I participated in a fascinating conference in Paris earlier this month. The International Union of Prehistoric and Protohistoric Sciences (Union Internationale des Sciences Préhistoriques et Protohistoriques – UISPP) was founded in Bern in 1931. This organisation focuses on scientific studies of prehistoric and protohistoric materials, including archaeology, anthropology, palaeontology, geology, zoology, archaeobotany, zooarchaeology, environmental sciences, physics, chemistry, geography, history, numismatics, epigraphy and mathematics. The 18th UISPP world congress took place in Paris from 3rd to 9th June 2018. It was an enormous conference, held at the Université Paris 1 Panthéon-Sorbonne, with parallel sessions on many different aspects of archaeological science, incorporating both practice and theory.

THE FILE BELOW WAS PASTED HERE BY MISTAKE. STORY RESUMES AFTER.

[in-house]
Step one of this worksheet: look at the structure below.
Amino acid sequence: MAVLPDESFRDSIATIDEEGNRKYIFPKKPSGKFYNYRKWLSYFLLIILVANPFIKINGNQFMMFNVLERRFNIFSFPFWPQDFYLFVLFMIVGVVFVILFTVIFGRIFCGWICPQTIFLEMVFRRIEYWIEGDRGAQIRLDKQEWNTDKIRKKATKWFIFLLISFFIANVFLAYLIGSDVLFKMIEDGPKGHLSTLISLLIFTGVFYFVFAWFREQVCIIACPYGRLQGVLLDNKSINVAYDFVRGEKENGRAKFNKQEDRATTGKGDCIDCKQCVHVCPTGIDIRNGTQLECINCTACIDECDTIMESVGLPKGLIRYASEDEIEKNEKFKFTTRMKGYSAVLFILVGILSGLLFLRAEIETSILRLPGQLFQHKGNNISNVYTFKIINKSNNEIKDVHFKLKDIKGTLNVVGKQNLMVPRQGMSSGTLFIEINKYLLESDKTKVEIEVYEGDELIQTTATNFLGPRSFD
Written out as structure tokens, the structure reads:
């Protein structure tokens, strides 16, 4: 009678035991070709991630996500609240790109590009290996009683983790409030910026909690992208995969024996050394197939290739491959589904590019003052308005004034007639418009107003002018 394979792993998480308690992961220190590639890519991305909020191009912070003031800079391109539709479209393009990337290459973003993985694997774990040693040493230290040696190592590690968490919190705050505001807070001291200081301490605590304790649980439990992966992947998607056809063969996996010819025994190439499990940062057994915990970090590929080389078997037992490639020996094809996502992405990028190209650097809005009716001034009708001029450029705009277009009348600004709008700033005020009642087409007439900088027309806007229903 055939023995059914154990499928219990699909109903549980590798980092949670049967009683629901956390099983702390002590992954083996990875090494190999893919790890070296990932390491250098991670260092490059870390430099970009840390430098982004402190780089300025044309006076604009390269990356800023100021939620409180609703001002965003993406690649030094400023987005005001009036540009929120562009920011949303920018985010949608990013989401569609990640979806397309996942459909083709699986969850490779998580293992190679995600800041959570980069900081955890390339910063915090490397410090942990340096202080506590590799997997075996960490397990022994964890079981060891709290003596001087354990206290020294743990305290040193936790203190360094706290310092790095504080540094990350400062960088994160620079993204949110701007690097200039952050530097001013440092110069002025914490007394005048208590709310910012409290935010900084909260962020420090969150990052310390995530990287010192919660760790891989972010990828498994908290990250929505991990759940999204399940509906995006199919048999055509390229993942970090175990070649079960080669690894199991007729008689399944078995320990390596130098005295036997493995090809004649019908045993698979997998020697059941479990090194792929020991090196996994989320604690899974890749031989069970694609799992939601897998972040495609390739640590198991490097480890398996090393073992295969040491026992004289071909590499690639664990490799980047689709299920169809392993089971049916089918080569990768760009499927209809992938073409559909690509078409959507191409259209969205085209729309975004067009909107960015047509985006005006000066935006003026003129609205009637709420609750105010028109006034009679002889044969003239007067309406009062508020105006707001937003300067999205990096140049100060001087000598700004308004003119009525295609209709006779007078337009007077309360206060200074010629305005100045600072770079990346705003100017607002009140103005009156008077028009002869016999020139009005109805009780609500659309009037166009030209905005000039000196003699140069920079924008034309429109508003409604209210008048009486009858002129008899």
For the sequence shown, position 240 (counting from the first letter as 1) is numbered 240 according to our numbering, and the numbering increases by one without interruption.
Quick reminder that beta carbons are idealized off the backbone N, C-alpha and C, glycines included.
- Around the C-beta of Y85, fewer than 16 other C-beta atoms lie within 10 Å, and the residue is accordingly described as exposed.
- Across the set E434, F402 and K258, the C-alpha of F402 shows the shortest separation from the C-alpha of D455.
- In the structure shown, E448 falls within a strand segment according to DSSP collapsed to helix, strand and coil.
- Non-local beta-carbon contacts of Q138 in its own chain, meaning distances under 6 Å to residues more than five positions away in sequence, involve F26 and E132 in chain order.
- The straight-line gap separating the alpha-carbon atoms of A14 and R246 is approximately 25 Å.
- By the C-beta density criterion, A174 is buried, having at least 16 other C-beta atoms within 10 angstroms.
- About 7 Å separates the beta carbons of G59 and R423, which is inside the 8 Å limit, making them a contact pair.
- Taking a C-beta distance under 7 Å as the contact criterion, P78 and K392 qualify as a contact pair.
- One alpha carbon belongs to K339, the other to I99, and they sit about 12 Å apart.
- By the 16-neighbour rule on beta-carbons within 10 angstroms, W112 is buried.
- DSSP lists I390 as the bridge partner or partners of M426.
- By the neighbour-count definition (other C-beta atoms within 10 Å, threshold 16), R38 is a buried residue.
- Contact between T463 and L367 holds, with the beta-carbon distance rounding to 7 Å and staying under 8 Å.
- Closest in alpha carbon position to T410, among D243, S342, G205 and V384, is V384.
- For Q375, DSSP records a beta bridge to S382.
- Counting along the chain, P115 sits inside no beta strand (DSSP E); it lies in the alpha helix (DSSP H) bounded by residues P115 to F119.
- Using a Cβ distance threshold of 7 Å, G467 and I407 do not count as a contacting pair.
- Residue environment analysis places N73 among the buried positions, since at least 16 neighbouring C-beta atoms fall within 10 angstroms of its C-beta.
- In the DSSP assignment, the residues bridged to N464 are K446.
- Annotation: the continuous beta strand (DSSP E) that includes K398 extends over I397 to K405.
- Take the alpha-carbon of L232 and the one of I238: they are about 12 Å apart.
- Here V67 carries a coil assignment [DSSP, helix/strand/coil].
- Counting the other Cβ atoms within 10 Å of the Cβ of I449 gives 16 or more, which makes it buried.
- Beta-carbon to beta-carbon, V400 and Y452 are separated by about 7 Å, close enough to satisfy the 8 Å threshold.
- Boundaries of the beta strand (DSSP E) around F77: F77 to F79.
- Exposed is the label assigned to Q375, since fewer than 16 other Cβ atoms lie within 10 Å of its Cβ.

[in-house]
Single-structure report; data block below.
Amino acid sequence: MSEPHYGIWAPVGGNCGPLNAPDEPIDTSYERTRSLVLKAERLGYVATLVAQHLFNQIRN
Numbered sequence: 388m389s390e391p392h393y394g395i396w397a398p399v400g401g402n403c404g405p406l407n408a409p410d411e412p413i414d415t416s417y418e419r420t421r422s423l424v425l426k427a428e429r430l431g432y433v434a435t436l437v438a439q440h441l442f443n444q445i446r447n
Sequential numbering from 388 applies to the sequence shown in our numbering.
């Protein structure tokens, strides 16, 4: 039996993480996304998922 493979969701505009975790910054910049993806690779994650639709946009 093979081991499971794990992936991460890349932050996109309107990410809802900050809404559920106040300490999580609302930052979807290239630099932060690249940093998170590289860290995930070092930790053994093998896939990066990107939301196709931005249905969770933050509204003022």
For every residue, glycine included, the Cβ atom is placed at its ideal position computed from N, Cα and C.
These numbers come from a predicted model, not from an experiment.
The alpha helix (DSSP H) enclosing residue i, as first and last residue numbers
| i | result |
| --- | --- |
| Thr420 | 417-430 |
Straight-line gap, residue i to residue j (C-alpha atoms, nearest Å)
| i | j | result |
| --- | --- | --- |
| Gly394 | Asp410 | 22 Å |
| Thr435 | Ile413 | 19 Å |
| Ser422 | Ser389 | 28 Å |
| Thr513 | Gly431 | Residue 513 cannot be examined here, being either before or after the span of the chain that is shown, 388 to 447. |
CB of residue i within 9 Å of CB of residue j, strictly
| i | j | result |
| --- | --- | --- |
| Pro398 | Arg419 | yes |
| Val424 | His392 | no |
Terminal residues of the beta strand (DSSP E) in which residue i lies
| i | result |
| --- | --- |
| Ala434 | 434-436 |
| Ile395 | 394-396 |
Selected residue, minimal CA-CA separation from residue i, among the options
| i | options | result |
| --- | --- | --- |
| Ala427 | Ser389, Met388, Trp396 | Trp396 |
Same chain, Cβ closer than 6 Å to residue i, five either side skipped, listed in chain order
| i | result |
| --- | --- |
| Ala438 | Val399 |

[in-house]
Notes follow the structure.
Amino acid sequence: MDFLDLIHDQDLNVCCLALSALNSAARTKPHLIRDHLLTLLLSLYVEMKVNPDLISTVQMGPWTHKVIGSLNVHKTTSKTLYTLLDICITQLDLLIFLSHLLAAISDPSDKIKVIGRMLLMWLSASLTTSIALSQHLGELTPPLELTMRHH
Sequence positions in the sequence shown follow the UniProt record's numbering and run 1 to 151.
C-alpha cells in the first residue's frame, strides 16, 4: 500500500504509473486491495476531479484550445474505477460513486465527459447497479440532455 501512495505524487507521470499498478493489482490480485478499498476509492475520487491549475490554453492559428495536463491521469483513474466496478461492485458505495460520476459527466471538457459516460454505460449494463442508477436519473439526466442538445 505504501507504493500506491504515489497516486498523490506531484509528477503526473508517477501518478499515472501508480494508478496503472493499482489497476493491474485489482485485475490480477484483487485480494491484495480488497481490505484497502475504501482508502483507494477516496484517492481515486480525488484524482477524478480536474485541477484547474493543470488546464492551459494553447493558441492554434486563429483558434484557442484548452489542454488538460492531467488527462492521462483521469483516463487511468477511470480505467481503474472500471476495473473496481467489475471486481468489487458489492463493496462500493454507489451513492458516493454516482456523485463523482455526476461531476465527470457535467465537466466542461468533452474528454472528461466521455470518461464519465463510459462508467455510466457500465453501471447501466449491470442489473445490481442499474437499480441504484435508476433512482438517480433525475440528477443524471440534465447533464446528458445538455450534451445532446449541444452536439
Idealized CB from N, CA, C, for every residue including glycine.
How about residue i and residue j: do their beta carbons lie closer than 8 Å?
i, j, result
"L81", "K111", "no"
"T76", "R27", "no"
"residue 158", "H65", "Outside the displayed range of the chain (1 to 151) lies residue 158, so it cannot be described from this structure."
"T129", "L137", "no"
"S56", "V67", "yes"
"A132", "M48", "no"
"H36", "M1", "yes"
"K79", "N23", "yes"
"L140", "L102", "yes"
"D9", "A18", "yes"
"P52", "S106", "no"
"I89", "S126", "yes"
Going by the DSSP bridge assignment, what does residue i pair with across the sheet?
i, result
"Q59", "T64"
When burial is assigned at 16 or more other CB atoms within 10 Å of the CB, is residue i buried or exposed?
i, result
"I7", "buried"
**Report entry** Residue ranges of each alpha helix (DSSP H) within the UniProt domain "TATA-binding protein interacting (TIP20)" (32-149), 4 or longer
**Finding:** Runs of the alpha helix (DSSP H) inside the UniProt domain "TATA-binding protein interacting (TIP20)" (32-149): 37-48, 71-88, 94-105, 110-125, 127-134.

I presented research in a session entitled "Climatic variability and societal responses during the Metal Ages in Europe and the Mediterranean (3000-300 BC)". The co-authored paper was entitled "Agricultural strategies and climate change in later prehistoric northern Europe", and it detailed some of the results from an INSTAR-funded research project: “Settlement and Landscape in Later Prehistoric Ireland – Seeing beyond the site”. This project has brought together an inter-disciplinary team to contextualise the archaeology of Late Bronze Age and Iron Age Ireland within its contemporary prehistoric landscape, focusing on farming strategies and broader landscape interactions. My role on the project is to explore archaeobotanical and zooarchaeological data.